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An energy report shows Florida utilities are once again among the lowest in efficiency for 2020

Screenshot of slide 1 saying "Energy Efficiency In The Southeast, Fourth Annual Report. February 2022." it lists the authors as Forest Bradley-Wright, Heather Pohnan and Maggie Shober. The text takes up most of the image to the right. And on the left, there are three smaller images stacked on top of each other: the top one shows a close-up of an AC, the second one shows light coming through ceiling windows, and the third image is of an energy meter.
Southern Alliance for Clean Energy
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Courtesy
SACE says the purpose of their report is to document recent policy developments and trends in electric utility efficiency data from 2020.

A recent analysis indicated it’s no coincidence the Southeast has among the highest electricity bills in the country, and the lowest investment in energy efficiency.

A nonprofit organization specializing in energy and environment policy released a report Monday that documents the efficiency of Southeast electric utilities in 2020. Energy efficiency programs lower costs for utility customers, while benefiting the environment.

The Southern Alliance for Clean Energy primarily studied portions of Mississippi, Tennessee, North Carolina, South Carolina, Georgia, Alabama, and Florida. The group considered total electric utility sales in 2020 with total kilowatt hours saved through efficiency programs.

Click here to download the "Energy Efficiency in the Southeast" fourth annual report

The Southeast tends to be the lowest performing region across the country, with Florida dragging down the regional average. On average, Florida saved just .09% of energy in 2020. The national average was eight times more than that at .72%.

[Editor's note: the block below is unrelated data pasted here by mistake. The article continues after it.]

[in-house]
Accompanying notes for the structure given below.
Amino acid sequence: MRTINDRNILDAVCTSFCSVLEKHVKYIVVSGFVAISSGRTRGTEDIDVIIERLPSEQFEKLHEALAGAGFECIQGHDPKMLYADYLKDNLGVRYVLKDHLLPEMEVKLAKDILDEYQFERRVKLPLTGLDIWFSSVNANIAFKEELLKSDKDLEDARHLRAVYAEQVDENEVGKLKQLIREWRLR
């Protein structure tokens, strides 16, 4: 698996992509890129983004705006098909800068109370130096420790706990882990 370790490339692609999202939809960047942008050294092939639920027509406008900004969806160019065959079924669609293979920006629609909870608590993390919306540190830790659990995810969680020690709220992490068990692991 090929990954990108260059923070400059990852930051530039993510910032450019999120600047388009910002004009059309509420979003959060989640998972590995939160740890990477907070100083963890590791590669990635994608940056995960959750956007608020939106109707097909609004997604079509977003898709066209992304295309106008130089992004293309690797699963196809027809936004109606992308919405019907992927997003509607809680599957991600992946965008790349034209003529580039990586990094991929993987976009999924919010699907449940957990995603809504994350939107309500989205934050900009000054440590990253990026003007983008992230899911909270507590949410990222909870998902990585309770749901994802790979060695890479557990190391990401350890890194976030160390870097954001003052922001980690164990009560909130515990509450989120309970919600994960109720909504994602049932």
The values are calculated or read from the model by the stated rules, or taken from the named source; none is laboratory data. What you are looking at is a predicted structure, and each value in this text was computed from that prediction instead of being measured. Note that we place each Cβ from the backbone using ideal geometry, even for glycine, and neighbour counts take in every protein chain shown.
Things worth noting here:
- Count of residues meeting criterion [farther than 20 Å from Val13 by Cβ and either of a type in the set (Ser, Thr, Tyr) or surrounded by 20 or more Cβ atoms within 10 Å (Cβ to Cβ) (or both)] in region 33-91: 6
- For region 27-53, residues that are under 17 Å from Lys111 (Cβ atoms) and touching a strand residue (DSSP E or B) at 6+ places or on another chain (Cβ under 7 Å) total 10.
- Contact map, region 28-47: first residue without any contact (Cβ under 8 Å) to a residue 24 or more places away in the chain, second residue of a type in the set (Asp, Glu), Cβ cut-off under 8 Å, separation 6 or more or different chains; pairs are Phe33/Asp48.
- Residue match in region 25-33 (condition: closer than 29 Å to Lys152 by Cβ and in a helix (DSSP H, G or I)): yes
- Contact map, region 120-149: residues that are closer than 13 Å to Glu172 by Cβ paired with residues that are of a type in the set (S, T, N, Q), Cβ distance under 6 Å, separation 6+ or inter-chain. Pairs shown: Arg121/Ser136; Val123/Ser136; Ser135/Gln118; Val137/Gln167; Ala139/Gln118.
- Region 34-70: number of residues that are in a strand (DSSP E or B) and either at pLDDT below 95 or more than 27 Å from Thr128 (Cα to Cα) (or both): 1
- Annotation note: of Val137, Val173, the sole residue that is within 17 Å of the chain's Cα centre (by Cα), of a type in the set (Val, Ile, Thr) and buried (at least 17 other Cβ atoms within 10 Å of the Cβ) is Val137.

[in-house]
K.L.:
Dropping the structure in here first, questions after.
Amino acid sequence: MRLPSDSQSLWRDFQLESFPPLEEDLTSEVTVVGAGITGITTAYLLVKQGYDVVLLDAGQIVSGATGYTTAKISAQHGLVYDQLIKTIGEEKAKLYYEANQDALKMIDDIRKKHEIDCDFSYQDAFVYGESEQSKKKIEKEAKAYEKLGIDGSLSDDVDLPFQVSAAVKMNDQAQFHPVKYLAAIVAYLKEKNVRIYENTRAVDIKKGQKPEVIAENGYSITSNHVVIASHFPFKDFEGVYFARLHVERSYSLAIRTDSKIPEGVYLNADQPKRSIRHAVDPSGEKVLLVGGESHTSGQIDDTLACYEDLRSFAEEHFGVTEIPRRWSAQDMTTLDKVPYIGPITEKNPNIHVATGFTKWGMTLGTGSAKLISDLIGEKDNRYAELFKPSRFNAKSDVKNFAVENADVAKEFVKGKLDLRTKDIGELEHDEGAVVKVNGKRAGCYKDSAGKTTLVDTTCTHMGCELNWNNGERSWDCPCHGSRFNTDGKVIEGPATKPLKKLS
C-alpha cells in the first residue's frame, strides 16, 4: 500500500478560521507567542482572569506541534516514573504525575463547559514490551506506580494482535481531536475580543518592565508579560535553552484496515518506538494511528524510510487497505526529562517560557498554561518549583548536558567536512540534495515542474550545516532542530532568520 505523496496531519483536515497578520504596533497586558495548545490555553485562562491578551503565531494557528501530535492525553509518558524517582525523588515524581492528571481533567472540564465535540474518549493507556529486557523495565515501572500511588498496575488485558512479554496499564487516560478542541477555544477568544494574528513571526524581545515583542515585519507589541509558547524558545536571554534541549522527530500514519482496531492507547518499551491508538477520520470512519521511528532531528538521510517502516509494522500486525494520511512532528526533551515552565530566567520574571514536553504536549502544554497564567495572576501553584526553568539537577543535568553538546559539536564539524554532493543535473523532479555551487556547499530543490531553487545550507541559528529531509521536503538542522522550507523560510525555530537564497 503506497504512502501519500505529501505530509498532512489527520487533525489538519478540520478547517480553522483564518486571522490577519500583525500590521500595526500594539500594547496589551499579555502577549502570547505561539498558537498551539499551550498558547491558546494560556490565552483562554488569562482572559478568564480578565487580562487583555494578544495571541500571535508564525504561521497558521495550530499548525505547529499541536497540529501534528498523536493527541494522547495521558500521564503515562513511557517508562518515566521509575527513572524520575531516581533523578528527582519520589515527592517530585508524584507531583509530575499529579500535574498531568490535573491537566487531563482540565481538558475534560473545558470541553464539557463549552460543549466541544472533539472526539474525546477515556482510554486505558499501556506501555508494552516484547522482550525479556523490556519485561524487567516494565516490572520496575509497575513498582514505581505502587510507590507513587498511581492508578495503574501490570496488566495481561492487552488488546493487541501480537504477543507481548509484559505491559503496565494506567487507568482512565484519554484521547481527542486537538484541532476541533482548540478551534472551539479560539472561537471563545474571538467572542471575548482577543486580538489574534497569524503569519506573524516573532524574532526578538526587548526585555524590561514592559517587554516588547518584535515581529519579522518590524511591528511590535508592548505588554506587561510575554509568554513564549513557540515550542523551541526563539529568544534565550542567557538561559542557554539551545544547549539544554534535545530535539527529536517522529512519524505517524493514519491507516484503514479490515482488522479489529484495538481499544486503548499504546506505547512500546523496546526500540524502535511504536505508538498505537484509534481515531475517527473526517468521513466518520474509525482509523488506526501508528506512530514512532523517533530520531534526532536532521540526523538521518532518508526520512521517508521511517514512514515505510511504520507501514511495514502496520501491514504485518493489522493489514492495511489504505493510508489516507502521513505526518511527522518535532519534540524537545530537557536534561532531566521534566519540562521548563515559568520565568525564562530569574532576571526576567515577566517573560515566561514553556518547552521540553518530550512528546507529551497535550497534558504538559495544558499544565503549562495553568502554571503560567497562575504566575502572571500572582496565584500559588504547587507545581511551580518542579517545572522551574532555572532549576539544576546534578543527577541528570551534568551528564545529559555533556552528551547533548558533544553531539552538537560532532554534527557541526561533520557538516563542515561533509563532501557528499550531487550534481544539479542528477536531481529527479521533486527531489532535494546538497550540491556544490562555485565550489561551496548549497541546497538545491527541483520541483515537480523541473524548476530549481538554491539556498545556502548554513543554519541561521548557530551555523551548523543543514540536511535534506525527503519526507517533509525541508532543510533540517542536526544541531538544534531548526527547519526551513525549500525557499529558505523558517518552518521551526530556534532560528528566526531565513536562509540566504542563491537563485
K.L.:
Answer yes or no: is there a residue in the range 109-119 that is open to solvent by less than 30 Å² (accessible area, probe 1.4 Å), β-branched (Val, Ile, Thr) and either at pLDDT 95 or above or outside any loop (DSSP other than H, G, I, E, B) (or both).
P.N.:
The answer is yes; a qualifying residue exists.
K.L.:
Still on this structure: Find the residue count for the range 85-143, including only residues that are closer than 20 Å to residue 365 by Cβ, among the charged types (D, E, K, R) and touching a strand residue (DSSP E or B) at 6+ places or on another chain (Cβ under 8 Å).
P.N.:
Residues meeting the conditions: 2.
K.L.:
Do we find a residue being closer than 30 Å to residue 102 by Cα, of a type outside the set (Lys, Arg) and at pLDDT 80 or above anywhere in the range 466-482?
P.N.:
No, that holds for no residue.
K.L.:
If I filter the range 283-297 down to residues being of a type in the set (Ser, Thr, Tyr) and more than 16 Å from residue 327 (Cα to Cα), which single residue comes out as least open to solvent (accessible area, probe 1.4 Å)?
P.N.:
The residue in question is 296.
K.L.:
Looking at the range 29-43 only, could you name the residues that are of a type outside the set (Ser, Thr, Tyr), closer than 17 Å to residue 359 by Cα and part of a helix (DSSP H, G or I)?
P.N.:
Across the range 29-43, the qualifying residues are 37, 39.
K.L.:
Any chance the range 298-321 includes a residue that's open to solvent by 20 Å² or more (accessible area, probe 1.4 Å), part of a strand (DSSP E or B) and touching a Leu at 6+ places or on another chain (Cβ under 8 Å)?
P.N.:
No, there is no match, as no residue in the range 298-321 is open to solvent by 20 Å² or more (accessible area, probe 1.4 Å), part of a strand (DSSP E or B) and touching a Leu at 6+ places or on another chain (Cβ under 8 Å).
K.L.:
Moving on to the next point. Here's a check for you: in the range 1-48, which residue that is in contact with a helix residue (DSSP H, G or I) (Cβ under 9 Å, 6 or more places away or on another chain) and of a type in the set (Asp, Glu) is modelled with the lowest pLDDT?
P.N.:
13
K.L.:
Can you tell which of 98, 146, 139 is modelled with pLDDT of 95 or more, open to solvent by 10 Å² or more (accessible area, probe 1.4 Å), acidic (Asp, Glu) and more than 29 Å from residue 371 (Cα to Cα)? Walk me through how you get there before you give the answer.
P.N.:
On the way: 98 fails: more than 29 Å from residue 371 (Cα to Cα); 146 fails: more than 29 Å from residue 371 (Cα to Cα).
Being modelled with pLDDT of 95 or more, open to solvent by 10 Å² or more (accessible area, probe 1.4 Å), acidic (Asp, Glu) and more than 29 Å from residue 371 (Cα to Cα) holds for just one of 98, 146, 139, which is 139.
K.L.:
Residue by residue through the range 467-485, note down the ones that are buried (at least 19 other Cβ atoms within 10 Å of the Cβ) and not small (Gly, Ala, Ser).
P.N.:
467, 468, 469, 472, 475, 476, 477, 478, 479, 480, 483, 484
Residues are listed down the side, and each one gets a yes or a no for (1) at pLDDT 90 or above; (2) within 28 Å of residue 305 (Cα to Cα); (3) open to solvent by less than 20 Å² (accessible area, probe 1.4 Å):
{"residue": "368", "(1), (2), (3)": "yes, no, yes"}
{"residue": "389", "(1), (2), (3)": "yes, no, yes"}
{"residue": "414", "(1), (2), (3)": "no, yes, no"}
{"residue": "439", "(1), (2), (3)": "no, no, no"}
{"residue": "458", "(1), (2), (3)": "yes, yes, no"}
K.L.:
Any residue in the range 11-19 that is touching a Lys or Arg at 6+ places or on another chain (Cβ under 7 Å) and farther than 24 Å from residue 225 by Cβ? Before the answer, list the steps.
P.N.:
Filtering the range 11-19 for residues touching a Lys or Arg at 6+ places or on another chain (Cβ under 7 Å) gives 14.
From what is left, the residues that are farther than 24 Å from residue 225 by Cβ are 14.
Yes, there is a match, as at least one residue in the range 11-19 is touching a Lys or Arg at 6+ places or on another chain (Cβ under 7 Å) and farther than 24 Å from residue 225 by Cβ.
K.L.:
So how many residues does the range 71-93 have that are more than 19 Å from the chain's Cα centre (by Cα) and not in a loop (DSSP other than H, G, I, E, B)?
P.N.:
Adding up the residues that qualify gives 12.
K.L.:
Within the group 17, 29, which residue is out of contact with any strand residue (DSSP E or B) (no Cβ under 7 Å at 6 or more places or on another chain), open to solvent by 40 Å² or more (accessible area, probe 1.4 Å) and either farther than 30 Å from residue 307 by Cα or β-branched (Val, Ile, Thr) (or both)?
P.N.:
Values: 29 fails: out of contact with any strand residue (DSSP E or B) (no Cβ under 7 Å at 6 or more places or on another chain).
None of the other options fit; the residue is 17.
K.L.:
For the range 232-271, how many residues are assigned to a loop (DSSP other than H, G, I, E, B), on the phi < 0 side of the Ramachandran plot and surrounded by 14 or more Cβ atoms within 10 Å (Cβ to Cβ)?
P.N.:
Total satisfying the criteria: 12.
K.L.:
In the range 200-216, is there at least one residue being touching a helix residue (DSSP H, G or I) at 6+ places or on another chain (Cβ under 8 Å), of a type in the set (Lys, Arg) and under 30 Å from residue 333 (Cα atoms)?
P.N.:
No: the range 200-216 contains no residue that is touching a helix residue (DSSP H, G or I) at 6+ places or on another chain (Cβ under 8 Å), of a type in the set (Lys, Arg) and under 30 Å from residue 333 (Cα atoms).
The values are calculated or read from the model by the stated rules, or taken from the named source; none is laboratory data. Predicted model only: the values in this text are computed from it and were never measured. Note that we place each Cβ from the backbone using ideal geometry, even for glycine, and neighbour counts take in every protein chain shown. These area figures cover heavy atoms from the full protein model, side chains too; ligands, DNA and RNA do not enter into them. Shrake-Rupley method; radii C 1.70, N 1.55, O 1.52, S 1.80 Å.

During a webinar Tuesday, SACE representatives said the state's poor performance is a direct result of its policies.

Florida has two practices that makes it an outlier: It’s the only state that uses, for this particular purpose, the Ratepayer Impact Measure Test to screen for cost effectiveness, which ends up counting energy savings programs as negatives to a utility's total revenue.

Another policy that sets Florida apart from the rest of the country is the use of a screen, where any measure that pays back customers in two years or less is eliminated.

"It really is restricting energy efficiency, not growing it," said Forest Bradley-Wright, Energy Efficiency program director for SACE.

A screenshot of a slide detailing specific Florida utility information for 2020.
Southern Alliance for Clean Energy
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Courtesy

The cost test Florida should be using, he said, is based on comparing how much money the utility spends on the efficiency programs to how much money those programs will ultimately save the utility system.

For instance, a program Duke Energy uses in North Carolina saved customers more than $600 million in 2017. And the utility received a performance incentive that amounted to 10.5% of that.

But in Florida, Duke Energy has no such program, said SACE’s energy policy manager, Heather Pohnan.

"This is a recurring theme that we see across many of our reports is the gap between Duke operating companies in the Carolinas and in Florida. This is mainly chalked up to state policy differences," she said.

SACE’s energy comparisons for 2020 found that Duke Energy saved about five times more energy in North Carolina than it did in Florida.

Every five years, Florida utilities must file energy-saving goals to the state’s Public Service Commission. The last time this was discussed was back in 2019, when utilities attempted to file goals of zero savings due to those two outlier policies that make it seem like the cost of efficiency is not worth the companies’ bottom lines.

That led the commission to initiate a proceeding to update regulations within the Florida Energy Efficiency Conservation Act for the first time in 30 years.

Bradley-Wright said that could be a positive step forward.

“There have been a series of filings recommending modernizing the energy efficiency policies and practices there to be in line with industry standard practice elsewhere in the country,” he said. “So that could lead to some important changes in savings in the future.”

Although, he said, the commission has not yet indicated its priorities or expectations.

“Ultimately, we don't yet know whether this will end up being a real reform, or if the policy practice will continue to hold energy efficiency back in Florida,” said Bradley-Wright.

The SACE analysis said, "saving energy is the least cost and most abundant solution to stabilize our climate and ensure equity in a clean energy future."

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